- Heart disease
- Trouble falling asleep or staying asleep, which contributes to general fatigue
- Inability to concentrate on important tasks
- Depression and thoughts of suicide
- Mood swings and irritability
- Anxiety and panic attacks
- Paranoia and hallucinations
- Aggression and changes in behavior
- Changes in appetite and weight loss
Adderall forces the body to function at an increased rate, which is helpful for someone suffering from narcolepsy or a similar disorder but can be deadly in the long term for someone abusing the drug. Pay close attention to your friends and family, and if you begin to see any of these long-term Adderall side effects, take the time to assess them for potential abuse.
Do you need help identifying the signs of drug use? If you believe you or a loved one are suffering from a substance use disorder, we can help. Contact Zinnia Health on our website or by calling (855) 430-9439.
Signs and Symptoms of Adderall Abuse
College students and young adults are particularly prone to Adderall abuse because it is often marketed as a “study drug” that will help them focus better. Adderall is also promoted as a social drug, which can help a person feel more outgoing, energetic, and talkative. These side effects can make an individual feel like they’re getting more out of life as they begin taking Adderall, but the positive effects are short-lived.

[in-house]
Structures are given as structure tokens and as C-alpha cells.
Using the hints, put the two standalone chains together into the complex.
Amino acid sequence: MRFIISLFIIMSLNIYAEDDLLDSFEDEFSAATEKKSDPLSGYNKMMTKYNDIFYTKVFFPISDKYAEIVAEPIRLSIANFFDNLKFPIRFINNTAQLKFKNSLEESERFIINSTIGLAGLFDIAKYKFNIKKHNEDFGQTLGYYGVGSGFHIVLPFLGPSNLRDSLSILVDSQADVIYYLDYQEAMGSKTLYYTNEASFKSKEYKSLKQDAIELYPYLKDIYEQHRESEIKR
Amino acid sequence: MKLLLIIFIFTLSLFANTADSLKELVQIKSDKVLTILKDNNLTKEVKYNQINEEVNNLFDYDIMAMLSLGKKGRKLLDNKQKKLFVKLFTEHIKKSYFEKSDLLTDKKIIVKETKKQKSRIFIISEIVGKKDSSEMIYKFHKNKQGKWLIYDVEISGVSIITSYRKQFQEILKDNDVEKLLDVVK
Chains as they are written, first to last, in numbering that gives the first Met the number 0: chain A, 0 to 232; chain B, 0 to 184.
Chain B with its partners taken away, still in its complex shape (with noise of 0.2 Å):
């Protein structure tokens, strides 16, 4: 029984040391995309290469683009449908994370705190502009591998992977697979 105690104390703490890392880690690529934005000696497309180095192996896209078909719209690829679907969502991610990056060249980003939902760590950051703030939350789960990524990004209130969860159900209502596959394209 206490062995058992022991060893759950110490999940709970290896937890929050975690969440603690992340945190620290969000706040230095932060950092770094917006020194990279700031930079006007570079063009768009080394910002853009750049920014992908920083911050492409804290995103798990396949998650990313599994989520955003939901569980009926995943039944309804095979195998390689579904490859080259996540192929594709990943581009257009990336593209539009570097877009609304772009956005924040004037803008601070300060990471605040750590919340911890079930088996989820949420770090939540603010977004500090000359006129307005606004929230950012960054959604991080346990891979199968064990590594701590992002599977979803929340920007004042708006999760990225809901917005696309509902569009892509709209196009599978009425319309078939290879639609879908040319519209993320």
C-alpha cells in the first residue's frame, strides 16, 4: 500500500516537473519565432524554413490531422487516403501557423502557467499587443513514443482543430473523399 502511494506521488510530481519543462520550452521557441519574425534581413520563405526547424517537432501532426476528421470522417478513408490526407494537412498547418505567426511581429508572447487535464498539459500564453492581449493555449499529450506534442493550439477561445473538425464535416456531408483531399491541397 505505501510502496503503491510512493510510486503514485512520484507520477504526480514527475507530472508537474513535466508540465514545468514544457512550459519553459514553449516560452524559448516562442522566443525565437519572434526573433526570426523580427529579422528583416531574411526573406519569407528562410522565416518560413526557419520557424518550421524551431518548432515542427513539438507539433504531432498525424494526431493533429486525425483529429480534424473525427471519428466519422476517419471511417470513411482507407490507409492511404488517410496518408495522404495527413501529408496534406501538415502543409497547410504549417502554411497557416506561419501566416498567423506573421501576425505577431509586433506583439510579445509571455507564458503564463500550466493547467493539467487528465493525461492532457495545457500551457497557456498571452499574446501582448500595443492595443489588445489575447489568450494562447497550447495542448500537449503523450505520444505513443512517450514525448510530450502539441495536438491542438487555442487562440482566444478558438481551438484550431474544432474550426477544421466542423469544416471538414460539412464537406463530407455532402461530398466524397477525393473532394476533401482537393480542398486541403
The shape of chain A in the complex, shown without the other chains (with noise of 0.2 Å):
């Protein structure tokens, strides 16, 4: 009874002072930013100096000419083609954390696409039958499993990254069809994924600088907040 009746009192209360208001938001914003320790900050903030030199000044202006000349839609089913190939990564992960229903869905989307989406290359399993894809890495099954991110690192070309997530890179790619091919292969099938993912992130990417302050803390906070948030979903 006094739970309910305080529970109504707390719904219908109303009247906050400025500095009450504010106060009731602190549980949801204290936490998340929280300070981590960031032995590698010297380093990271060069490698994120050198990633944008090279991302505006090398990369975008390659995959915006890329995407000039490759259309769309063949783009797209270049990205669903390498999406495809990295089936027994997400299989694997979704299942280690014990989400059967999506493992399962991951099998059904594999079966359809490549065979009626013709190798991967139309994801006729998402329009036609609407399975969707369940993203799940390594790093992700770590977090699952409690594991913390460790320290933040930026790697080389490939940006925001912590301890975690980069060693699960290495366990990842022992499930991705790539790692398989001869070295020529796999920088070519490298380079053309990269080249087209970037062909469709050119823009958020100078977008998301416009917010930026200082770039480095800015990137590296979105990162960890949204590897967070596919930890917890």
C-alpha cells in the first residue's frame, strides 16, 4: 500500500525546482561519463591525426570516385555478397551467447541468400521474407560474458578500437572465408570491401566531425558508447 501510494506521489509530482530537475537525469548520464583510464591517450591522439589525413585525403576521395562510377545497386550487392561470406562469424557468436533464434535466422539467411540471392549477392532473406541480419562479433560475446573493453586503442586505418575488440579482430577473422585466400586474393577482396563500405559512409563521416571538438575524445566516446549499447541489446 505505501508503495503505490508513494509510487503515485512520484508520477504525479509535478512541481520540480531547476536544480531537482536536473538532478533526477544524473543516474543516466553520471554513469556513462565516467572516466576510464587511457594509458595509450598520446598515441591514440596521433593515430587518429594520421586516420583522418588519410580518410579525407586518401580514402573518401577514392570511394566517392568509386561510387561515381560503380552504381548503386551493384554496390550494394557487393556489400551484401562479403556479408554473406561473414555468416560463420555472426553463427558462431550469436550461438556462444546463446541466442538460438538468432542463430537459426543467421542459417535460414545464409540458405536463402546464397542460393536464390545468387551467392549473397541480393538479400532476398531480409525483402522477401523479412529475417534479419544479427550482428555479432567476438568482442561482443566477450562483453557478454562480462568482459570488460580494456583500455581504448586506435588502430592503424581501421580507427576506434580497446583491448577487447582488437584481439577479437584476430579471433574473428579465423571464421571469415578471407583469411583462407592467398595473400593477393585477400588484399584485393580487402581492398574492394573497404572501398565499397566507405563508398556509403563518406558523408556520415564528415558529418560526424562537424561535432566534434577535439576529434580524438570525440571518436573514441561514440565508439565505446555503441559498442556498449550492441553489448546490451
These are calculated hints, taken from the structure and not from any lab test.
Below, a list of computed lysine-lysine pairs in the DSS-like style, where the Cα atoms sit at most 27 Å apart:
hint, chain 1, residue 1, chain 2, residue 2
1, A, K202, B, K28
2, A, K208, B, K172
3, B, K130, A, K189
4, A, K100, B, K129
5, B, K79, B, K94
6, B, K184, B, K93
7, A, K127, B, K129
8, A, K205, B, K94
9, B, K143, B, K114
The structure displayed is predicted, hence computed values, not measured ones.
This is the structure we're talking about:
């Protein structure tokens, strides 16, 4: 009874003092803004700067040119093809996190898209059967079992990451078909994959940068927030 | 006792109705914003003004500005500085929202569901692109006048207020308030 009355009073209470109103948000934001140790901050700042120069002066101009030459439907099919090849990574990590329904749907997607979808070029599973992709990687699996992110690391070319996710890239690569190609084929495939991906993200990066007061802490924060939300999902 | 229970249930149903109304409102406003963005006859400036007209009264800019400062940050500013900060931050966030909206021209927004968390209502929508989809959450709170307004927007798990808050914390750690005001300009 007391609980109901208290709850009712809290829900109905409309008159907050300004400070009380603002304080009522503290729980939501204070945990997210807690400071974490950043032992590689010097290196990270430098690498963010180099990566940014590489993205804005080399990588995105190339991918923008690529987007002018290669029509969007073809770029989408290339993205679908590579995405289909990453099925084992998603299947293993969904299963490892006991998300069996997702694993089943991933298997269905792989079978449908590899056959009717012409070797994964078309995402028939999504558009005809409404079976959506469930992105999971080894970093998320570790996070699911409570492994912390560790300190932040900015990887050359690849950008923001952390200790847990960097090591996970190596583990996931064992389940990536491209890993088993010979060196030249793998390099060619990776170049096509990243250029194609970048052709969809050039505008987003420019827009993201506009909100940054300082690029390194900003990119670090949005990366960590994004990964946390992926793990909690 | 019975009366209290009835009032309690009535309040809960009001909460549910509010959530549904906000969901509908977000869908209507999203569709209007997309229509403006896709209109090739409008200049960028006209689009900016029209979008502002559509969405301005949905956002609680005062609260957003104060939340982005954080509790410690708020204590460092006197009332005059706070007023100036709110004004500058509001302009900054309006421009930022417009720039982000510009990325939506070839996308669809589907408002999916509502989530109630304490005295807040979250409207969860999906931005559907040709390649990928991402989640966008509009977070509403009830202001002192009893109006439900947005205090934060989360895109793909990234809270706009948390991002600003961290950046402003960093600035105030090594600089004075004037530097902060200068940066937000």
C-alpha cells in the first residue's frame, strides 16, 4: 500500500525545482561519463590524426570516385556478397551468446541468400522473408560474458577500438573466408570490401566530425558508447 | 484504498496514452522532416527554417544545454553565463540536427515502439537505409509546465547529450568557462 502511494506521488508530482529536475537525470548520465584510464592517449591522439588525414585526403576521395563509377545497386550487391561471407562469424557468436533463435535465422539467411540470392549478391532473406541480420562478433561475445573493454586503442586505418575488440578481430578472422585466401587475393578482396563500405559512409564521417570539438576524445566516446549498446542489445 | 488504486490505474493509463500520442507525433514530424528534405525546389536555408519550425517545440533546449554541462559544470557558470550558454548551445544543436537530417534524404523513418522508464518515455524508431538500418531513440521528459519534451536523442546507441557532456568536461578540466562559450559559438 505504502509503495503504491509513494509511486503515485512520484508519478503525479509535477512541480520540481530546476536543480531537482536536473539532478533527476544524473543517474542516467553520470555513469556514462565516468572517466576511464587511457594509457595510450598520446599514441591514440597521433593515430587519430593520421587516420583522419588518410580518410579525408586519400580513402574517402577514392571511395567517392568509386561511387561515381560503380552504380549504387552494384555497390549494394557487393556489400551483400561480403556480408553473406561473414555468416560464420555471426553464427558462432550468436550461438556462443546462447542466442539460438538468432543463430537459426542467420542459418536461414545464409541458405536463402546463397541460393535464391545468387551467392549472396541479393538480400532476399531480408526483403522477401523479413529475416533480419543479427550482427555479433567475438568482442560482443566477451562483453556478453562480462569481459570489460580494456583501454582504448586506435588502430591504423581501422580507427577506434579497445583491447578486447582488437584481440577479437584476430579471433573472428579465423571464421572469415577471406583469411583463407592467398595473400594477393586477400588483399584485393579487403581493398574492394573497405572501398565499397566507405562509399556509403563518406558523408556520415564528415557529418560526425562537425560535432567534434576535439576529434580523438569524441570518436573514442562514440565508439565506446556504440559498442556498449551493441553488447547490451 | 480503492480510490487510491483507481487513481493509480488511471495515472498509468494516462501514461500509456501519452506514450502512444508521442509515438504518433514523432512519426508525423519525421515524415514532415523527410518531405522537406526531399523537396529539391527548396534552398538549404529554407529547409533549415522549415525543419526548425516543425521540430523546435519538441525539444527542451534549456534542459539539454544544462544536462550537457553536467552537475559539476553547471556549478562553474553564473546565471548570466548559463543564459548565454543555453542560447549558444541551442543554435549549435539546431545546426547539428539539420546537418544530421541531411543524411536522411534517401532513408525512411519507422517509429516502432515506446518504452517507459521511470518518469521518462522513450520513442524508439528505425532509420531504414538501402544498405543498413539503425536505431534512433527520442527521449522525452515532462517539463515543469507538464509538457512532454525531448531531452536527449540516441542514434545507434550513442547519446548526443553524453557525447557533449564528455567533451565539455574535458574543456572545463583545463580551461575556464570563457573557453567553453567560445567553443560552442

The more a person takes Adderall, the higher overall dose they will need to feel the same effects as before. This phenomenon is known as drug tolerance. As a person increases their dose, they’re at an increased risk of Adderall overdose and they will begin to experience dependence. Once dependence forms, the side effects of Adderall abuse tend to be obvious.
- An individual may show less interest in the activities they used to enjoy.
- They may spend more time alone and avoid social settings.
- Work and school performance may begin to suffer.
- Changes in their mood and behavior will grow more noticeable as they become more anxious and/or aggressive.
These side effects won’t disappear if someone stops taking Adderall after abusing it for some time. Instead, they will face another set of Adderall withdrawal symptoms, which can last for weeks after someone stops taking a drug. The withdrawal period is one of the toughest parts of recovery, which is why seeking help from a substance abuse treatment center is critical for helping your loved one through their situation.
Get Help With a Substance Use Disorder
Adderall abuse is no joke. With its ability to impact heart health, mood, and behavior, Adderall abuse requires specialized addiction treatment to ensure that an individual is fully recovered and able to return to a healthy life. Treatment facilities often include a combination of group therapy, talk therapy, and behavioral health designed to identify the initial use of Adderall and help an individual recover from all aspects of Adderall misuse.
If you fear that a loved one is using Adderall or another substance, you need a trusted team on your side to guide you through these times.